I wrote this story a little while ago but I was missing dad so I thought I would do this tribute again.
I remember the Canada Cup in 1976. One of my favorite players was Daryl Sittler, who was the captain of the Toronto Maple Leafs. Daryl went on to score the winning goal for team Canada in the9 championship game against the Czechs. At the time, I wrote for the school newspaper. Of course, I wrote in the sports department. The story on the Canada Cup was my first story for the paper. I remember bringing it home so that my father could read it, so he would be proud of me.
Hockey always brought us together. I remember how disappointed we were when we could not watch the last half of 1972 Canada Russia series, known as the “super series”. We missed it because I was at school and Dad was at work. I remember going home after game eight. which was the last game of the series. When Dad came home, I did the play-by-play of the game winning goal by Paul Henderson, which gave Canada the series. I really could not do Foster Hewit justice, but my father did not care.
I remember listening to Danny Gallivan, even though he was the Montréal Canadiens play-by-play man. I used to love mimicking his play-by-play style. My father used to get mad at this, because he was a huge Maple Leafs fan. According to him, it was against the Constitution to like anything about the Montréal Canadiens. One of my favourite hockey sayings - or should I say hockey calls - was the call of Danny's Gullivan's of “Savard's spinarama”. That was for us old farts, who used to watch hockey on the radio. Ha ha.
My dad loves the old Leafs players, for example Dave Keon, George Armstrong, and Johnny Bower. An interesting fact about Johnny Bower that my father told me is that nobody ever really knew how old he was, and he liked it that way. I remember the last time (I was 35 back then) that the Maple Leafs won the Cup back in 1967. It was especially gratifying to us, because the Maple Leafs beat their rivals, the Montréal Canadiens in six games. The supposed experts picked the Canadians to win the Cup in five games.
In the golden years of hockey, my dad used to tell me men were men. The fighters would fight face-to-face. Granted, there were incidents of players trying to injure other players; but that would normally be a mutual thing -- there would be none of these hits from behind to cause injury. If players wanted to get even, they would do the old-fashioned way: by duking it out. Yes, there was violence, but it was a different kind of violence. The players actually respected each other. No, it was not a perfect world, but most of these players went home with a clear conscience, unlike some of the players today
The goalies were the bravest ones -- or maybe the craziest. My dad often wondered how they would stop shots without the mask, leaving their delicate features unprotected. One of our most favourite goalies was the ageless wonder, Johnny Bower, who I did not know had started out with the New York Rangers. We had a lot of mixed feelings when the Maple Leafs acquired the ex Montréal Canadien Jacques Plante. Again, with the Canadien issues. We did not want to break protocol by liking anything involving the Montréal Canadiens. It was harder for Dad than for me, because I never really saw him in a Montréal Canadiens sweater.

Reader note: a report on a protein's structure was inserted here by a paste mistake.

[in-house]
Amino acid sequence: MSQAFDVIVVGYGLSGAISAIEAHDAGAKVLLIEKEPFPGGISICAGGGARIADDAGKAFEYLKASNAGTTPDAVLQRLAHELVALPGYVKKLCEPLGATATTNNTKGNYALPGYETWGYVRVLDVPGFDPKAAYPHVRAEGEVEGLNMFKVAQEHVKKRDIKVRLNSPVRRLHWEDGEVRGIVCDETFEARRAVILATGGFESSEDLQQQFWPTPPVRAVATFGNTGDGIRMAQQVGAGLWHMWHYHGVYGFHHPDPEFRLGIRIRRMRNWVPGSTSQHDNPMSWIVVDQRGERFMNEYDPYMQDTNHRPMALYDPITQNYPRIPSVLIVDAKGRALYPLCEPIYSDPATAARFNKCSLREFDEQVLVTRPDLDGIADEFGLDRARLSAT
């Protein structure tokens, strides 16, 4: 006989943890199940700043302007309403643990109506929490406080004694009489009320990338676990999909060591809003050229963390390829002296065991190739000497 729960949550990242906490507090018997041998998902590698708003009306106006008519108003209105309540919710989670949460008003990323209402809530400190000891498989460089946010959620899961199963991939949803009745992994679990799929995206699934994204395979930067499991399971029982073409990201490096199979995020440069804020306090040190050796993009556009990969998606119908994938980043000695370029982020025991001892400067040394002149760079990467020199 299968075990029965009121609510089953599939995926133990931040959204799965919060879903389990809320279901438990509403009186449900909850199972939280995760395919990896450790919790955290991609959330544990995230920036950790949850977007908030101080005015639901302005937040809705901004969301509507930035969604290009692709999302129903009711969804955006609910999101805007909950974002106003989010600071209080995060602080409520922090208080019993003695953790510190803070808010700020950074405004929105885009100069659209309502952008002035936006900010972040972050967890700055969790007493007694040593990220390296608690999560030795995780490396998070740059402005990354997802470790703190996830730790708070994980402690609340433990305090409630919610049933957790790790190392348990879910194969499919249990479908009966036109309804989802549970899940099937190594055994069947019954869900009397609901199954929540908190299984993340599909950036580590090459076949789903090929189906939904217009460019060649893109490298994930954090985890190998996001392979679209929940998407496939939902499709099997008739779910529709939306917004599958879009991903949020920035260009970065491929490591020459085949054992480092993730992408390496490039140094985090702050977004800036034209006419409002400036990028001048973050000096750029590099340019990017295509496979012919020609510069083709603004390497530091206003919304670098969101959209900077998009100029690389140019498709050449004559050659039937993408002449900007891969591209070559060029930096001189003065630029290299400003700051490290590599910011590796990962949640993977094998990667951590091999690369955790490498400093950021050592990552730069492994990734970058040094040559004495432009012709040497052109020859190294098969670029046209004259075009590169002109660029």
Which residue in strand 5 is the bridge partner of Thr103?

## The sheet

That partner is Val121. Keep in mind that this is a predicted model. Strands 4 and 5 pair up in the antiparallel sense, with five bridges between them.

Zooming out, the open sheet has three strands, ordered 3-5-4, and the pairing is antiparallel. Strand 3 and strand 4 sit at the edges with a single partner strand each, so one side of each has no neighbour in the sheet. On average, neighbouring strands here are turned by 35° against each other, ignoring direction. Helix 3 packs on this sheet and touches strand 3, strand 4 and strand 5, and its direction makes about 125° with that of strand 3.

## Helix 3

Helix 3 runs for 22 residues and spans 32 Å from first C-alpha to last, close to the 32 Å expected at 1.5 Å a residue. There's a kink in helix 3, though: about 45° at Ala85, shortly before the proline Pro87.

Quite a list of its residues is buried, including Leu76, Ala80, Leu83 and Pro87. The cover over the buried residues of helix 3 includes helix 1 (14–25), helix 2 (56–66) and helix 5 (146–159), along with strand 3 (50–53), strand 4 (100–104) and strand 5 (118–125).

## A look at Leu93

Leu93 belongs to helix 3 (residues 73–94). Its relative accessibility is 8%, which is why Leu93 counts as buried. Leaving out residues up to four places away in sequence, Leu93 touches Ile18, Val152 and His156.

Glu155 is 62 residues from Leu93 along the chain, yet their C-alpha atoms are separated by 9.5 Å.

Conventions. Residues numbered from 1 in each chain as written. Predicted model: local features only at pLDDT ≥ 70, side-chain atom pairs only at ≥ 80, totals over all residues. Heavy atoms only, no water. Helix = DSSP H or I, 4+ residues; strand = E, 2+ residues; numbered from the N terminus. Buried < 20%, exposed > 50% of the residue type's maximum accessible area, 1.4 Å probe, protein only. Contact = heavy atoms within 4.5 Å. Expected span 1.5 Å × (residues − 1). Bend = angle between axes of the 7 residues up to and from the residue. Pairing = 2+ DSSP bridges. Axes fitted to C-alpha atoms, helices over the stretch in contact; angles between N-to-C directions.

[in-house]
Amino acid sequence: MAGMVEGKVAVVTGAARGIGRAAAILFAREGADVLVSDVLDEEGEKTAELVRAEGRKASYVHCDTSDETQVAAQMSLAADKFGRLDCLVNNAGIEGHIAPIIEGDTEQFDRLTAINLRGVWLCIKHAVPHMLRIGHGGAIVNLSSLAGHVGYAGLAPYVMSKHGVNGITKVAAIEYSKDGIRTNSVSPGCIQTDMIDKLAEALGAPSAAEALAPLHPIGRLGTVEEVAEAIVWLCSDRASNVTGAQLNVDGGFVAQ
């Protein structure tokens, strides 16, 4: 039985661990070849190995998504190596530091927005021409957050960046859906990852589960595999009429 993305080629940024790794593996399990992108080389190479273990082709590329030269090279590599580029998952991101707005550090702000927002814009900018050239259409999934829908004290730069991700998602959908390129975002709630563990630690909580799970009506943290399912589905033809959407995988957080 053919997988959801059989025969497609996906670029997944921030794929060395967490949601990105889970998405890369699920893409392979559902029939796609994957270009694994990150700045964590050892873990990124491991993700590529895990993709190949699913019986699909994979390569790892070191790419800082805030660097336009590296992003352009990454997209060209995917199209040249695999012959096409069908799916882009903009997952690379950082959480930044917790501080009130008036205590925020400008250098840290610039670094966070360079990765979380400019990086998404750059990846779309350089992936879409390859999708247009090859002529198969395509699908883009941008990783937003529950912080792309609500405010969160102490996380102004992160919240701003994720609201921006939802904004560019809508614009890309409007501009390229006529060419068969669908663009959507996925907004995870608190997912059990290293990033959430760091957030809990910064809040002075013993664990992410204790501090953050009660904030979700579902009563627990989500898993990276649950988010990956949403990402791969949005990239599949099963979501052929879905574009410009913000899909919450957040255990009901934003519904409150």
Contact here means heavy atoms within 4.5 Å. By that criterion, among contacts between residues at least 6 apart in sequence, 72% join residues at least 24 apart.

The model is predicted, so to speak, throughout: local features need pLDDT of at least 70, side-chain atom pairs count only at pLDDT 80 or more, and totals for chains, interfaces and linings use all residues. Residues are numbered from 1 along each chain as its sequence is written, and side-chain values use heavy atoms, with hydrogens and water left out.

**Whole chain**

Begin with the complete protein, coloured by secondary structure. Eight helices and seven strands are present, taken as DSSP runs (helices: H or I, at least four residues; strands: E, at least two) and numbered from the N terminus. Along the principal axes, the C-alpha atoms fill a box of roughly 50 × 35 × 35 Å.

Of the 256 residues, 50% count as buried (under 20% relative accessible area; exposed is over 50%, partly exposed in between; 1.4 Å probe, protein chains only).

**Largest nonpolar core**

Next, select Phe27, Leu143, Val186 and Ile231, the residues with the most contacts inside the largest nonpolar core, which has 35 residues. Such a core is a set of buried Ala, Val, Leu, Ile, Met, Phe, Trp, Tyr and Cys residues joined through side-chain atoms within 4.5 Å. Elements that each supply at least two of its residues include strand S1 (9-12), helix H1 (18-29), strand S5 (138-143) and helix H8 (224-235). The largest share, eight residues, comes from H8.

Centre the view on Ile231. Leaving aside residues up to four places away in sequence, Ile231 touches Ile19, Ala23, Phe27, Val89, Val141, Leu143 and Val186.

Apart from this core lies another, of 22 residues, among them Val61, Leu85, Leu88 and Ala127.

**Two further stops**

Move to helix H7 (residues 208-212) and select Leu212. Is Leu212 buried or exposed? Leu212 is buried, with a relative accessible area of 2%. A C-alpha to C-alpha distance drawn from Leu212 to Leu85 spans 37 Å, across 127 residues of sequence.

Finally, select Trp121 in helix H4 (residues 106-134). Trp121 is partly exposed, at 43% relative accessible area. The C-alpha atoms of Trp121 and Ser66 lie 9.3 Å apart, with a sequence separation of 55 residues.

I will always treasure my time with my dad, and be very thankful for the sport of hockey that brought us so much closer together.
Before I sign off, I thought I would give you a peek into part of my personal life that I don't usually let people in on. I wanted to show you this to try help people understand me better. This little segue is the introduction to a book that I would someday like to write.
Have you ever heard of the saying “simple minds, simple pleasures”. That saying means something to me. You see, when I was young, I never heard a word, or said a word for the first 4 to 6 years of my life. Basically, I was born deaf, and the doctors never expected me to hear.
As a result, I never did well in school. My math, English, and yes especially my grammar, suffered hugely. I turned to hockey, so I could find something that I was good at. An escape from the world, you might say. I actually found something that I was good at, where nobody pointed their fingers at me. Hockey is my simple pleasure.
The game of hockey taught me that there is more to life than being accepted, and that with hard work, even a person with a learning disability can be successful and live a normal life. That is the reason I am opening myself up now -- for the benefit of others like me. This is for the people who were told they would never amount to anything. That is total nonsense. You can. That is why this game of hockey became so much more than a game to me; it's my life.
Until next time -
Love Ya Dad.